When a new message is delivered or created, the message is saved in the current message volume. Additional message volumes can be created, but only one is configured as the current volume where new messages are stored. When the volume is full, you can configure a new current message volume. The current message volume receives all new messages. New messages are never stored in the previous volume. A current volume cannot be deleted. If there are accounts with messages referencing a volume it should not be deleted until you point the volume path to wherever you've now moved the items.

Each mailbox is assigned to a permanent index directory on the current index volume. When an account is created, the current index volume is automatically defined for the account. You cannot change which index volume the account is assigned. As volumes become full, you can create a new current index volume for new accounts. When a new index volume is added as current, the older index volume is no longer assigned new accounts. Index volumes not marked current are still actively in use as the index volumes for accounts assigned to them. Any index volume that is referenced by a mailbox as it's index volume cannot be deleted.

The Network Edition has HSM (Hierarchical Storage Management) which involves moving data to other storage locations automatically after x amount of time. Messages and attachments are moved from a primary volume to the current secondary volume based on the age of the message; completely transparent to the user.
For instance: After 30 days messages move from your fast (and usually more expensive) SCSI disks, to a SATA array so that you can keep storage costs down.

The admin console > server > volumes tab is straight forward, make sure you have permission to write to the target location - see also: http://wiki.zimbra.com/index.php?title=CLI_zmvolume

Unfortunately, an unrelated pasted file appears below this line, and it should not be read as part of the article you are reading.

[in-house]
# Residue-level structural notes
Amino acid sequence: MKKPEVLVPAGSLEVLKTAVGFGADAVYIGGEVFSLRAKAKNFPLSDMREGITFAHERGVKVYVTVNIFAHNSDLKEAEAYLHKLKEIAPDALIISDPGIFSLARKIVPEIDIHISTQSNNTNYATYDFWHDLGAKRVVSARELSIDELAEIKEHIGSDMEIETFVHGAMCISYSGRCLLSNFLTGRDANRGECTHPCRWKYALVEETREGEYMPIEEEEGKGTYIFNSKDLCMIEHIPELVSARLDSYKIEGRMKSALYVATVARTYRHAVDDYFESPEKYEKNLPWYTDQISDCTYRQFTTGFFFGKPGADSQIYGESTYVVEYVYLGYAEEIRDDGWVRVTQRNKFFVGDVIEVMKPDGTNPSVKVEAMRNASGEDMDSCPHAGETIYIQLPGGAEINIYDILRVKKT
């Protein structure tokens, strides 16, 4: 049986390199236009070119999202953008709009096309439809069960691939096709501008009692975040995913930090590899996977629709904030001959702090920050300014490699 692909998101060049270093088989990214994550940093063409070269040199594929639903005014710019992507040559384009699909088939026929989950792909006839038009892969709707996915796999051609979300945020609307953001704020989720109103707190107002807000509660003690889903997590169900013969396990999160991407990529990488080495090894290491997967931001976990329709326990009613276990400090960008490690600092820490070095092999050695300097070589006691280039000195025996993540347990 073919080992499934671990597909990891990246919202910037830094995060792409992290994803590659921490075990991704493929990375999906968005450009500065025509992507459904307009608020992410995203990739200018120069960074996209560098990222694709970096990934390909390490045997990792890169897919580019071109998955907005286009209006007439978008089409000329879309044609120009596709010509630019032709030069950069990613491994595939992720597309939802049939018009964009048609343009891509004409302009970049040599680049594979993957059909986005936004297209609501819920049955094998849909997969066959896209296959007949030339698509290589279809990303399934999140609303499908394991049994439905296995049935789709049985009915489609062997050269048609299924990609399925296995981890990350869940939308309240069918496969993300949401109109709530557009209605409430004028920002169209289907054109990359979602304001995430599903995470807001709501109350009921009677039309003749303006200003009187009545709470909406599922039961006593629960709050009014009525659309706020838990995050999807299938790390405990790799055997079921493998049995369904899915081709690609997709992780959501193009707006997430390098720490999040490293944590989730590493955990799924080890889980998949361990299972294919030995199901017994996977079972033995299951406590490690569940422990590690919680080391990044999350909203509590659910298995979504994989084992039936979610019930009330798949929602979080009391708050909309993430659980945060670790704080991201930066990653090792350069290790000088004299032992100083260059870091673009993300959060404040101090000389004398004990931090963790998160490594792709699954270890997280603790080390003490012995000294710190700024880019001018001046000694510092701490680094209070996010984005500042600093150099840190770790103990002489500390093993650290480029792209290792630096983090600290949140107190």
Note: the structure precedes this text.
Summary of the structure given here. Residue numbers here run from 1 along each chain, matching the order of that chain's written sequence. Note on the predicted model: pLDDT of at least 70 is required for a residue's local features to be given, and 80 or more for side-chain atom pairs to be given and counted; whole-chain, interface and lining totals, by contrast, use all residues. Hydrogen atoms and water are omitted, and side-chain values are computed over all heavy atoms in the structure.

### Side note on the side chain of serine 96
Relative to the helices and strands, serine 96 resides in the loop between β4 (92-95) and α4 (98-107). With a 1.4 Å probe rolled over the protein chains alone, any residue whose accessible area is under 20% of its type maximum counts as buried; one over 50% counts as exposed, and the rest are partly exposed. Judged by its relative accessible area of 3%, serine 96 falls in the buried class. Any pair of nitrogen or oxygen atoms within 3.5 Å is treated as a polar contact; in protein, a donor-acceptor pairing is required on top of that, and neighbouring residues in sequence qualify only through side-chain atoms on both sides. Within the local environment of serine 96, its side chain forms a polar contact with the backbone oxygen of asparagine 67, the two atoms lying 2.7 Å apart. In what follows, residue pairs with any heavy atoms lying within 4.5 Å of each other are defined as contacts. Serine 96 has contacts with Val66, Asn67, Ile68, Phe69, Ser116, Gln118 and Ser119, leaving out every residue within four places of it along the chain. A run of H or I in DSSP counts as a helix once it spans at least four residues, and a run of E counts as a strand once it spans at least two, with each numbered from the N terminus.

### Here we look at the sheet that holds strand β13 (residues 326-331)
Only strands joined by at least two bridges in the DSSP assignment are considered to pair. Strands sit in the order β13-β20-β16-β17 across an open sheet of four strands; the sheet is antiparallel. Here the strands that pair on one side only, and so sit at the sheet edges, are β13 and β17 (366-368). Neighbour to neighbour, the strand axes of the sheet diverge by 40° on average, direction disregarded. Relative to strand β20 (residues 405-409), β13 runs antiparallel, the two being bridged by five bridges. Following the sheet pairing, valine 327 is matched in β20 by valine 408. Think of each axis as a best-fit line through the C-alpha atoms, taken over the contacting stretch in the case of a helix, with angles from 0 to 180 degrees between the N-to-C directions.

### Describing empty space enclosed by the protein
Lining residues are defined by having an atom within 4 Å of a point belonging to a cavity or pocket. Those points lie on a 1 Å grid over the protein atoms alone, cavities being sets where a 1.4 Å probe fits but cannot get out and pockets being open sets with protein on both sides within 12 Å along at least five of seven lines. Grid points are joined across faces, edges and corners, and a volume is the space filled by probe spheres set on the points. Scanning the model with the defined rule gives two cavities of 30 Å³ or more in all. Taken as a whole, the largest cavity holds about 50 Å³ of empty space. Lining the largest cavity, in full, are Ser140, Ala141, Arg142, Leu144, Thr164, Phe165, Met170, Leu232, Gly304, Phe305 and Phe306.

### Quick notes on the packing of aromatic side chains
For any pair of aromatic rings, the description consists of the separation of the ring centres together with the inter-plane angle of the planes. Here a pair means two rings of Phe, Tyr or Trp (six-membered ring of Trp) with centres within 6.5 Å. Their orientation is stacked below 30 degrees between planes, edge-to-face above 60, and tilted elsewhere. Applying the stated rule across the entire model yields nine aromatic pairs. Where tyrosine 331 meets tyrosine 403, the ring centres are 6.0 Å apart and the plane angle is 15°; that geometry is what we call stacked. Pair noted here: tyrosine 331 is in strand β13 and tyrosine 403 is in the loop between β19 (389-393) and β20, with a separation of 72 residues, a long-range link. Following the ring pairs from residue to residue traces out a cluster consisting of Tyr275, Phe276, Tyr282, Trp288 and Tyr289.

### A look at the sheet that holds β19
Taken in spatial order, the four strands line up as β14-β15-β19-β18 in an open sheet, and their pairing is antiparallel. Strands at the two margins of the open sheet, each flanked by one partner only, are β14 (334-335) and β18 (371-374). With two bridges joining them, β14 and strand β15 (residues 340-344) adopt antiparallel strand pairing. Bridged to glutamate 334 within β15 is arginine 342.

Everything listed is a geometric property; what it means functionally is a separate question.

(zmvolume -l and -dc arguments display your config)

or in the DB that's:
mysql> select * from zimbra.volume;


Mount the 2nd volume in the /etc/fstab, stop zimbra, copy (with all flags/permissions) data to /mnt/zimbra/store, then create a symlink /opt/zimbra/store > /mnt/zimbra/store.


Or copy & mount  the entirety of /opt onto the 2nd set of drives, note that Zimbra doesn't like /opt/zimbra as a symlink http://bugzilla.zimbra.com/show_bug.cgi?id=14725 Fix is just a warning, so actually mount /opt separate, or use mount with the --bind switch to link two directories.

Now your Zimbra data & sofware is 'separate' from your OS. (Use the ./install.sh -s trick should you ever reinstall the OS completely or desire to switch platforms.)

Experts Exchange Solution brought to you by

Your issues matter to us.

Facing a tech roadblock? Get the help and guidance you need from experienced professionals who care. Ask your question anytime, anywhere, with no hassle.

Start your 7-day free trial

I agree that the safest way to accomplish the migration would be to create a new mirrored volume with the two 750 GB drives.  Then move the data from the old mirror to the new.  The only way I'd attempt the other solution, especially with production data, is if you couldn't have any down time and needed the data to be accessible all the time.

There has been a lot of great discussion here.  I'm going to save a link to this for my own reference.

Later ...
rwjblueAuthor Commented:
I appreciate the feedback once again.  It seems to me this is getting way to complicated.  I am new to linux and very familiar with Windows and recall my days of using Ghost and being able to clone a drive then using software to release the remaining size of the drive for use.   Why not clone the existing drives maybe with clonezilla or some other linux based cloner and then resize the drives.  I am just throwing this out there as this something I googled and found on the net.  There has got to be an easier way for this to be done.  I can't imagine Sys Admins having to perform this process for simply upgrading the drives on a mirror to a bigger size.  I am not in any way arguing but simply suprised that what seems to me to be a task that most admins run into frequently is so complicated and resulting in huge down time.  I think if this is ultimate answer then there is a possibliity for somebody to retire by inventing a way to make this easier.
rwjblueAuthor Commented:
I am giving both you guys the points for your help.  I appreciate it.
It's more than this solution.Get answers and train to solve all your tech problems - anytime, anywhere.Try it for free Edge Out The Competitionfor your dream job with proven skills and certifications.Get started today Stand Outas the employee with proven skills.Start learning today for free Move Your Career Forwardwith certification training in the latest technologies.Start your trial today
System Utilities

From novice to tech pro — start learning today.